Thereafter, while walking through the wilderness, Alice arrives at the Duchess’s house. She enters the house to find a bevy of activities taking place. The Duchess nurses a baby. Alice sees the grinning Cheshire Cat. On the other end of the room, a Cook prepares soup with too much pepper, causing Alice, the Duchess, and the baby to sneeze. Then the Duchess gives Alice the baby, announcing her departure to organize a croquet game with the Queen of Hearts. The baby shocks Alice by turning into a pig, which Alice drops and leaves behind as she reenters the forest. In the forest, Alice encounters the Cheshire Chat, who describes Wonderland. According to the Cheshire Cat, Wonderland is a place wherein everyone is mad, including Alice. After the Cheshire Cat gives Alice directions to the March Hare’s residence, he disappears, leaving his grin behind.
Alice ventures to the house, where she arrives to find the March Hare, Dormouse, and the Mad Hatter having tea. The three animals treat Alice rudely. Since she has not been invited to their “mad” tea party, Alice stands and watches them. After a while, she learns the three animals are serving punishment from Time, which, for them, remains stuck at 6 p.m. Fed up with their lack of courtesy, Alice returns to the forest, where she finds a door hanging on its side. She walks through the door and finds herself back in the hall where her adventure began. To enter the door that separates her from the beautiful garden, Alice eats one mushroom to grow large enough to reach the door’s key, then another mushroom to shrink so she can fit through the doorway.
Upon entering the garden, Alice meets the Queen of Hearts alongside her gardeners. She joins the Queen for a strange game of croquet, played with mallets and balls in the forms of hedgehogs and flamingoes, on hilly ground. During the game, the Queen goes ballistic, and she calls for other players’ destruction, saying, “Off with his head!” Amid this confusion, Alice sees the Cheshire Cat and starts talking to him. In the middle of their conversation, the King of Hearts arrives, and the Cheshire Cat speaks to him impudently. In response, the Queen orders for the Cheshire Cat’s execution. However, the executioner cannot figure out how to kill the Cheshire Cat because all that remains of him is a head floating in midair.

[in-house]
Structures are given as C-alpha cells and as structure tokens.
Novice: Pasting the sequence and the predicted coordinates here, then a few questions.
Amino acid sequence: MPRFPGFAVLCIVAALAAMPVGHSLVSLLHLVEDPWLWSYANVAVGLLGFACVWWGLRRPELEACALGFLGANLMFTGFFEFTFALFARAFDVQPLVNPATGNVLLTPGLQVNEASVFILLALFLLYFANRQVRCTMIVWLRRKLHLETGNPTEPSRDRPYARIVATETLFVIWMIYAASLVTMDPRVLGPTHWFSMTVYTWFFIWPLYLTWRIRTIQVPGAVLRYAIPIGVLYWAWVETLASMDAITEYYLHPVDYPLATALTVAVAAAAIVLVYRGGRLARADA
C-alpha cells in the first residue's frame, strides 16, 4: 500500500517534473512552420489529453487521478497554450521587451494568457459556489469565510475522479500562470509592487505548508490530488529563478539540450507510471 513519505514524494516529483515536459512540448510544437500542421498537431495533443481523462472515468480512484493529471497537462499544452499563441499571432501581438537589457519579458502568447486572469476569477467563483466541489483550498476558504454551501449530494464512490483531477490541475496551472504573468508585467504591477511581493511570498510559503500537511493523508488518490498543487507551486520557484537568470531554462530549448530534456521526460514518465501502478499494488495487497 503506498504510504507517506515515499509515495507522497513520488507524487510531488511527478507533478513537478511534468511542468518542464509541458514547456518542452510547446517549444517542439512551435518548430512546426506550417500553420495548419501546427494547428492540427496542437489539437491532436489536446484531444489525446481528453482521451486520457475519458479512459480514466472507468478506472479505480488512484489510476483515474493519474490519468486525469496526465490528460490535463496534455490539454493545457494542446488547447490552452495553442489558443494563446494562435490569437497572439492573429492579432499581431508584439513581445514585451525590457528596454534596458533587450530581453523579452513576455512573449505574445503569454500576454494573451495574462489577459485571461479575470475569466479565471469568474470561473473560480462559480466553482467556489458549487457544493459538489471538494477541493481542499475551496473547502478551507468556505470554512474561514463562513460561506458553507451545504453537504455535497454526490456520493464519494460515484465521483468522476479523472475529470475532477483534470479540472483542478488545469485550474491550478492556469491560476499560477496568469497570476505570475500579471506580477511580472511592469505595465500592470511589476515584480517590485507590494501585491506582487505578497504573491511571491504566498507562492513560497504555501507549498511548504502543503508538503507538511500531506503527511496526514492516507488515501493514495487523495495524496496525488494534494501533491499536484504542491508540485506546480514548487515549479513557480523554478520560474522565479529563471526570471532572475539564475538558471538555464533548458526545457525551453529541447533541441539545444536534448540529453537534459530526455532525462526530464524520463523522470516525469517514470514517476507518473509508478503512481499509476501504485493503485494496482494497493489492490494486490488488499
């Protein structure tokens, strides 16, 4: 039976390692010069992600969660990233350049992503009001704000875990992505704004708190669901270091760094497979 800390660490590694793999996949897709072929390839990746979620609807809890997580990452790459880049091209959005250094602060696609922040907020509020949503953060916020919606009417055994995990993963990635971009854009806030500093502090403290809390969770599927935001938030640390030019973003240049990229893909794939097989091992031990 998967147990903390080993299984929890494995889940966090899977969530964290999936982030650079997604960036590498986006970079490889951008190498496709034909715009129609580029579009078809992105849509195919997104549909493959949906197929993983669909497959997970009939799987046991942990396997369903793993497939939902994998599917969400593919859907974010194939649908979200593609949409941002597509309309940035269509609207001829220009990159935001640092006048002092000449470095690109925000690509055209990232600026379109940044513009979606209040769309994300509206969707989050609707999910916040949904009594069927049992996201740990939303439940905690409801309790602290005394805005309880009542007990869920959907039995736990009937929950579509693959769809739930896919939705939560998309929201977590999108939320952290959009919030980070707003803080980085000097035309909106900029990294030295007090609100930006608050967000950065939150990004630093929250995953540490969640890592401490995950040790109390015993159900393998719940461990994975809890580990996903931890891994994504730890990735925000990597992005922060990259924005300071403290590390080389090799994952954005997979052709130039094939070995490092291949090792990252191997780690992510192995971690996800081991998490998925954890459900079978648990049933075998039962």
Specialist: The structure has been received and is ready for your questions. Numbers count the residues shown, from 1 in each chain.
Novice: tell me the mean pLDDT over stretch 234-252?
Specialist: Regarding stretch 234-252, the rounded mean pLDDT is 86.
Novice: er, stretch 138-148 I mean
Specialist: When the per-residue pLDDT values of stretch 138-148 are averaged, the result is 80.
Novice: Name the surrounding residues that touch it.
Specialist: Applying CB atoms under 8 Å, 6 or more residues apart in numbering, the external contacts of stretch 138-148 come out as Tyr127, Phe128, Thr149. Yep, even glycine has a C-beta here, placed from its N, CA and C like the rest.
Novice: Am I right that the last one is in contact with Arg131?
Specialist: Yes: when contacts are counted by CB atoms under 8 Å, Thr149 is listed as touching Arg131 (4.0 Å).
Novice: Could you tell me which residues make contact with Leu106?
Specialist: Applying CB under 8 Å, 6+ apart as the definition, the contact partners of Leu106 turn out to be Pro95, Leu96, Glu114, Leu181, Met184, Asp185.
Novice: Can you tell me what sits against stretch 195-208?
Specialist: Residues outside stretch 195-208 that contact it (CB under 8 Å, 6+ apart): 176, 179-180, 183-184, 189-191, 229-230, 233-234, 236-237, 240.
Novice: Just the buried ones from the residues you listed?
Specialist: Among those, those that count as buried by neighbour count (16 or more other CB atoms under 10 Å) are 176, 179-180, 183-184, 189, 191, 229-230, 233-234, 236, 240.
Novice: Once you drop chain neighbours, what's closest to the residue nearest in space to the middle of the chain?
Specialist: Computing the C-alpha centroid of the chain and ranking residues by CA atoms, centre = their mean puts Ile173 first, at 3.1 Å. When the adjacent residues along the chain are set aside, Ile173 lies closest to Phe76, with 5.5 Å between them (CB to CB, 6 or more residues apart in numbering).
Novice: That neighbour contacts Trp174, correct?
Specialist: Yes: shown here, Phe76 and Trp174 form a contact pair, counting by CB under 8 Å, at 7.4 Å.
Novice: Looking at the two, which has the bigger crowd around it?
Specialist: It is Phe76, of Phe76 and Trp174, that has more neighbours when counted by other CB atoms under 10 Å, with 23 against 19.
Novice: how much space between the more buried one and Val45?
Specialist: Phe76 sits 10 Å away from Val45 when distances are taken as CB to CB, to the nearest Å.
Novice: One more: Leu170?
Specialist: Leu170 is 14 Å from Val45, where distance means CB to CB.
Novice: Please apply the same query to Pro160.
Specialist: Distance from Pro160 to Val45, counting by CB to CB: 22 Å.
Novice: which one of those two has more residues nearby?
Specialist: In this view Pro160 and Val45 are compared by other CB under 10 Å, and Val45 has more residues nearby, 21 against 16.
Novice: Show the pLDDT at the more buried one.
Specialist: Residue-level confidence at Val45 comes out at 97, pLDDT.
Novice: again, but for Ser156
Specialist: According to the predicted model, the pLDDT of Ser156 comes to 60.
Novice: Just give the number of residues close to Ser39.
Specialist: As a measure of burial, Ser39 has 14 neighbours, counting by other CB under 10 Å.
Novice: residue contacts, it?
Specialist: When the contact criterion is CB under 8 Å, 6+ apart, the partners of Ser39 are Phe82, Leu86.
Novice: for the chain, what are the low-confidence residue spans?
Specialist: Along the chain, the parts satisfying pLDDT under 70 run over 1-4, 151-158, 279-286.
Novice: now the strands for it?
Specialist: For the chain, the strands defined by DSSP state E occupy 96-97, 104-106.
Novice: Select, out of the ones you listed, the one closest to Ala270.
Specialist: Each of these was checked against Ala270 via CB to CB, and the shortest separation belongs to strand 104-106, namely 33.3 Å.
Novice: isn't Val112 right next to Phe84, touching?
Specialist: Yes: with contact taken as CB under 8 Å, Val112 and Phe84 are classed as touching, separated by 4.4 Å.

Alice goes on to have another encounter with the Duchess, who wants to befriend her. However, her offer of friendship makes Alice uneasy. Then the Queen of Hearts appears and drives the Duchess away before telling Alice she should visit the Mock Turtle and listen to his story. To meet the Mock Turtle, the Queen introduces Alice to the Gryphon, who escorts her to him. When Alice meets the Mock Turtle, the Gryphon interrupts his story about being a real turtle so they can play a game.
Back at the croquet grounds, the King of Hearts leads trial proceedings against the Knave of Hearts, who is accused of stealing tarts that belong to the Queen of Hearts. Witnesses offer testimonies. The Queen’s Cook and the Mad Hatter present nonsensical evidence against the Knave. Then the White Rabbit invites Alice to testify, but the King discontinues his line of questioning. Thereafter, the White Rabbit produces a letter that the Knave allegedly wrote. However, the letter is a poem with no connection to the case. Eager to find the Knave guilty, the King misinterprets the poem as the Knave’s admission of guilt. Alice, noticing this injustice, protests the King’s interpretation of the poem. Alice's protest irks the Queen, who orders for her beheading. However, Alice randomly grows big and dismantles the Queen's army.
Suddenly, Alice awakens and finds herself slumped on her sister’s lap, back at the riverbank. After she finishes telling her sister about her dream, Alice leaves to get tea. The novel ends with her sister pondering Alice’s adventures in Wonderland.